8. What is Nylon 11 otherwise known as?
c) Rilsan 12
Answer: a [Reason:] Nylon 11 is a material made from castor bean oil that has a French origin. It is known by its trademark name of Rilsan. The other name of Nylon 12 is Rilsan 12.
9. Nylon 9 finds its applications in ________
c) Electrical parts
Answer: c [Reason:] Nylon 9 is a material made from 9-aminononanoic acid present in soybean oil. It has higher electrical resistance than both Nylon 6 and Nylon 6,6. Therefore, it is mainly used in metal coatings and electrical parts.
10. What is the dielectric strength of Nylon?
a) 120 V/mil
b) 250 V/mil
c) 385 V/mil
d) 670 V/mil
Answer: c [Reason:] Nylon generally holds good electrical resistance, even though it may accumulate static charges. Nylon 6 and Nylon 6,6 have dielectric strengths of 385 V/mil. The dielectric strength of Nylon 610 is 470 V/mil.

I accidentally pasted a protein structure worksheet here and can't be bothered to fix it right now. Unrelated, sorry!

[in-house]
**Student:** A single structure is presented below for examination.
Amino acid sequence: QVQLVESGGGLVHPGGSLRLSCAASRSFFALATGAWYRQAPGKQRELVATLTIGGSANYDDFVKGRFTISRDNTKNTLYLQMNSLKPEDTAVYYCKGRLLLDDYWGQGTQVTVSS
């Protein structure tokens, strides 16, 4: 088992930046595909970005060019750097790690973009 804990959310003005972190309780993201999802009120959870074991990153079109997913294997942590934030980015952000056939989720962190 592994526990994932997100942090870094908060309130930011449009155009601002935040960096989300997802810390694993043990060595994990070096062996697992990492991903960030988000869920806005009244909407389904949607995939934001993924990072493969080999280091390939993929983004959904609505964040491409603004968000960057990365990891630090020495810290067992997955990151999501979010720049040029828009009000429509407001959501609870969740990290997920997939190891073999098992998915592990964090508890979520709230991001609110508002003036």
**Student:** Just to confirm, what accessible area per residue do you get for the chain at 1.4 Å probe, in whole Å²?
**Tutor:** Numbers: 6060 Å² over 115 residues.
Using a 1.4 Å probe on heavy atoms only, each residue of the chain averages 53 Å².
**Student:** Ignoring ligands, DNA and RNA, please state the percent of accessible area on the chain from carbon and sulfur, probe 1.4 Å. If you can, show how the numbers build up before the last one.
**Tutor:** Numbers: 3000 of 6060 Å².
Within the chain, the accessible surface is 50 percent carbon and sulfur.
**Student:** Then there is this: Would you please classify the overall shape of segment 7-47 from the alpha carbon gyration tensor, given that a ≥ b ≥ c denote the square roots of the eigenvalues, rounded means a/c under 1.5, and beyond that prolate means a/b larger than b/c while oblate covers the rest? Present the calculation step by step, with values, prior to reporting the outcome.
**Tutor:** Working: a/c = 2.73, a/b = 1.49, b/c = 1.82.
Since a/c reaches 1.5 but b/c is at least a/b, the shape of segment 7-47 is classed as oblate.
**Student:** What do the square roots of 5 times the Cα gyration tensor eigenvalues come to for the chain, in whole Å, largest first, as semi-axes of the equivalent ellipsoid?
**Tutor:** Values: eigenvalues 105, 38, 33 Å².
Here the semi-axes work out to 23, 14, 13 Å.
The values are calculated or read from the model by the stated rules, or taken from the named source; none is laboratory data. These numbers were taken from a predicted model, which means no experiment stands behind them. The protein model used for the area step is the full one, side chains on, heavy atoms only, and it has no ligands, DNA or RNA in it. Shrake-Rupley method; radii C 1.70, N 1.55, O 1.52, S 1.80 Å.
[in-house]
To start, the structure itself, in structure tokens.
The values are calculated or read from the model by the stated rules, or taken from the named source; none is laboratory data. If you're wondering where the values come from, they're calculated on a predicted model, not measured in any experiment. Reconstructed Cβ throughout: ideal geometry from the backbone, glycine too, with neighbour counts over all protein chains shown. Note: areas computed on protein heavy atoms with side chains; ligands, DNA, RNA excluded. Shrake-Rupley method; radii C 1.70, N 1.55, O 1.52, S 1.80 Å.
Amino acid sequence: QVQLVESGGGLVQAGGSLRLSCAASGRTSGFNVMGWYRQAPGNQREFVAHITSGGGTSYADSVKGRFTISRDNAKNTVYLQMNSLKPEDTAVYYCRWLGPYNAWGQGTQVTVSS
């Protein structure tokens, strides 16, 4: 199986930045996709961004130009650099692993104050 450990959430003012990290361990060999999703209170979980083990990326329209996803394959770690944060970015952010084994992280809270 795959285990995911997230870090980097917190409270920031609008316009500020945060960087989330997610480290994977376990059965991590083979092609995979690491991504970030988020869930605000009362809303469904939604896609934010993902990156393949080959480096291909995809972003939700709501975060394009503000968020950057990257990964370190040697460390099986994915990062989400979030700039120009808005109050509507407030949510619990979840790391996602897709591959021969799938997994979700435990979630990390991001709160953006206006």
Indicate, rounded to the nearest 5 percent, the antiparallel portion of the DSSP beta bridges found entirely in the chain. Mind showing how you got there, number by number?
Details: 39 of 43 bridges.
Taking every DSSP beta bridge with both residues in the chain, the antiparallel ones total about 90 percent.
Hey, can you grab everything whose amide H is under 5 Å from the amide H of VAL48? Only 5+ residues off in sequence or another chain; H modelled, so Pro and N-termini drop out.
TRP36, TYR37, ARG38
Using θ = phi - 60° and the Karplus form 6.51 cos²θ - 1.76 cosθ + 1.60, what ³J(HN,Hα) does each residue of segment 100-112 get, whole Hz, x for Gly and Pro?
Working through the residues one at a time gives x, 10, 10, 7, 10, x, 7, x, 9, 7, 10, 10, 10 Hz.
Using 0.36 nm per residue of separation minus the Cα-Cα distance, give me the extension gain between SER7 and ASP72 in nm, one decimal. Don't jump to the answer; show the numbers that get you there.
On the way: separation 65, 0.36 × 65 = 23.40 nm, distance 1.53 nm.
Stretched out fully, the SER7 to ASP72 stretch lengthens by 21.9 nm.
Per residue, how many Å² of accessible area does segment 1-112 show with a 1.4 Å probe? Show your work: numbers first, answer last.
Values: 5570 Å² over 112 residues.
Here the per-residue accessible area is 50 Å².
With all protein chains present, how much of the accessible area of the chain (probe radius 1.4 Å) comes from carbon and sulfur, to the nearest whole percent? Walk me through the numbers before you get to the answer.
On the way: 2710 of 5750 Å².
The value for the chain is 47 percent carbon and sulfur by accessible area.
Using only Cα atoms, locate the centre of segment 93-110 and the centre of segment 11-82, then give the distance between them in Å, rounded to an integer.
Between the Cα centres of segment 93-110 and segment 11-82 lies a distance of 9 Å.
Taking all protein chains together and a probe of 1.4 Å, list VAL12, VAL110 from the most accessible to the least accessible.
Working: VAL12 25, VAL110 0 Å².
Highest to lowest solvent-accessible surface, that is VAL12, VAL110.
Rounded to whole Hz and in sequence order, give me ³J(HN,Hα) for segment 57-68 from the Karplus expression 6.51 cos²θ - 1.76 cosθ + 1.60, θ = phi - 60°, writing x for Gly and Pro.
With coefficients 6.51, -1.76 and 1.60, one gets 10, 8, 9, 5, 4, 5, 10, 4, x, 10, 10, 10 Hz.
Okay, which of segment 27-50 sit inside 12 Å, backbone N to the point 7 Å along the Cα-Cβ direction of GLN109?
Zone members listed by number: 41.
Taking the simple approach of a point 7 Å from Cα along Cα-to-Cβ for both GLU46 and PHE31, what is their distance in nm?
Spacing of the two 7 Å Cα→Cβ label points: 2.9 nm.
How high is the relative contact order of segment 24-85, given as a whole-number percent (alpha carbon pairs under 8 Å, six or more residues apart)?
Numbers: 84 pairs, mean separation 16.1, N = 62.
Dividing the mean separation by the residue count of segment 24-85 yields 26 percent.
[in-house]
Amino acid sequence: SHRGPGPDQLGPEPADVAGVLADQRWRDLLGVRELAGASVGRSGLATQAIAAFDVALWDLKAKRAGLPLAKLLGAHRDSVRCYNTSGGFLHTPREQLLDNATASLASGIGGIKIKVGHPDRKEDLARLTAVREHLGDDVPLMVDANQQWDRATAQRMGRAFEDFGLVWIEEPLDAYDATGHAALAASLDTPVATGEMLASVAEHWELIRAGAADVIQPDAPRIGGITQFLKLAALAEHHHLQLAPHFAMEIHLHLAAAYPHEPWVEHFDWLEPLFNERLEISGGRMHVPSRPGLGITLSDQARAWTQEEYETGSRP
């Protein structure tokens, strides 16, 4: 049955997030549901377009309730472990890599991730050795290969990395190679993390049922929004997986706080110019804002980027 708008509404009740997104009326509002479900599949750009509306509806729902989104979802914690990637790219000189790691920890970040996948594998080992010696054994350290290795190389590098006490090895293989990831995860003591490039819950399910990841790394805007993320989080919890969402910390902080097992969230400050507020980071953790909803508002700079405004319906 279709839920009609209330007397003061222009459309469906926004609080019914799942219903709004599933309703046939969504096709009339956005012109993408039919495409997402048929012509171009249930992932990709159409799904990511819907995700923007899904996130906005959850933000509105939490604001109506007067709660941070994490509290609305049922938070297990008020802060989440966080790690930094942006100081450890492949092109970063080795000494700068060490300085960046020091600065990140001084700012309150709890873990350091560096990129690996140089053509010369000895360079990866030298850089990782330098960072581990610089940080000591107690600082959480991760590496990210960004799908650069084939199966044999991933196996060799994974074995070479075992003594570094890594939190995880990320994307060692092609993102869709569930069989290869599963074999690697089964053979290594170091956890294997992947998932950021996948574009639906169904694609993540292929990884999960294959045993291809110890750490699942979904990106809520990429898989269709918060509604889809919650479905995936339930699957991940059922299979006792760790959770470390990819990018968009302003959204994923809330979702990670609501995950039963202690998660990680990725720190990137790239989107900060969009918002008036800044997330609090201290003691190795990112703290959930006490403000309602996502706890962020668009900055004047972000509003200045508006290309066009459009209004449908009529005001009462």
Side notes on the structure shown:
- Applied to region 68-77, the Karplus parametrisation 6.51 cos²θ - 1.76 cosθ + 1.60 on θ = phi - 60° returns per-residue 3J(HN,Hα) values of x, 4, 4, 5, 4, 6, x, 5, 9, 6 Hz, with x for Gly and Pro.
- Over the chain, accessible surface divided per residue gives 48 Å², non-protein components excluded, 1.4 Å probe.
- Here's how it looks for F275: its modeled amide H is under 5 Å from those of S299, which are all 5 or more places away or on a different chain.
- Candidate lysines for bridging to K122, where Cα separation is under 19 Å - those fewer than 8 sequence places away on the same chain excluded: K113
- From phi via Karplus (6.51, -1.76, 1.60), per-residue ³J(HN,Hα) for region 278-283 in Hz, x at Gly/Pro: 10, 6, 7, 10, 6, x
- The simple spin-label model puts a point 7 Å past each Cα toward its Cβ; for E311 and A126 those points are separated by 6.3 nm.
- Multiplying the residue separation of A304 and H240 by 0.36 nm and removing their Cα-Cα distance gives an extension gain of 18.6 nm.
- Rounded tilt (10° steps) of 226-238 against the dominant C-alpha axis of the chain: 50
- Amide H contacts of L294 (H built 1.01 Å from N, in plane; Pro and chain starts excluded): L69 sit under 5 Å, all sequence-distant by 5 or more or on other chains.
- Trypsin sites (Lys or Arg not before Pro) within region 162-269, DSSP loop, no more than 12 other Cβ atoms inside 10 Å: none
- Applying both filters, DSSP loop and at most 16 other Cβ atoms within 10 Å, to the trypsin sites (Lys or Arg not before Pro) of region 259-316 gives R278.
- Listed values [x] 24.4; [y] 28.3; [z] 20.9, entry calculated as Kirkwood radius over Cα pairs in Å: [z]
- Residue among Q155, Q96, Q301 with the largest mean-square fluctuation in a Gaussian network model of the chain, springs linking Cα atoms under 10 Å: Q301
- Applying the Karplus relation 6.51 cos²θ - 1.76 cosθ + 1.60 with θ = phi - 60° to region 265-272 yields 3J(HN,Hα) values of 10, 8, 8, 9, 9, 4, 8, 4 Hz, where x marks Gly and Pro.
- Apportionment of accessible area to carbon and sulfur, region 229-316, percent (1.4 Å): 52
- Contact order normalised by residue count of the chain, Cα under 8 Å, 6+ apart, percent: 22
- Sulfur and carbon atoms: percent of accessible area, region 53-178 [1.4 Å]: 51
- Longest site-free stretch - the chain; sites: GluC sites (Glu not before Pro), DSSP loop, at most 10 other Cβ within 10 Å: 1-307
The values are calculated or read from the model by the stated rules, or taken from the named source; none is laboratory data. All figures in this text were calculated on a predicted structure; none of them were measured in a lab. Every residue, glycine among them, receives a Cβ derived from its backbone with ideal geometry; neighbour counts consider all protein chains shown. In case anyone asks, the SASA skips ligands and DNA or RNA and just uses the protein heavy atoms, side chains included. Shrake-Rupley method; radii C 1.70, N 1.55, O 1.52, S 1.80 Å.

1. How much sulfur must be added to rubber for vulcanization?
d) > 40%
Answer: a [Reason:] The optimum quality of rubber is achieved when 1 to 5 parts of sulfur are added to 100 parts of rubber. The material becomes hard and less extensible when this proportion is increased.
2. What is the tensile strength of vulcanized rubber?
a) 10 kg/cm2
b) 70 kg/cm2
c) 700 kg/cm2
d) 105 kg/cm2
Answer: c [Reason:] Vulcanization of rubber drastically improves the strength of a rubber. Vulcanized rubber exhibits a tensile strength of about 700 kg/cm2 and an elongation at break of 800%. Unvulcanized rubber has a low tensile strength of around 70 kg/cm2.
3. ________ is the process of spreading sheets of compound over a fabric.
a) Compression molding
d) Vacuum forming
Answer: c [Reason:] Calendering is a forming operation by which rubber compounds are spread like sheets over a fabric. The calendering unit involves three to five rolls in different combinations.
4. Which of these is not a ln operation of calendering?
c) Skim coating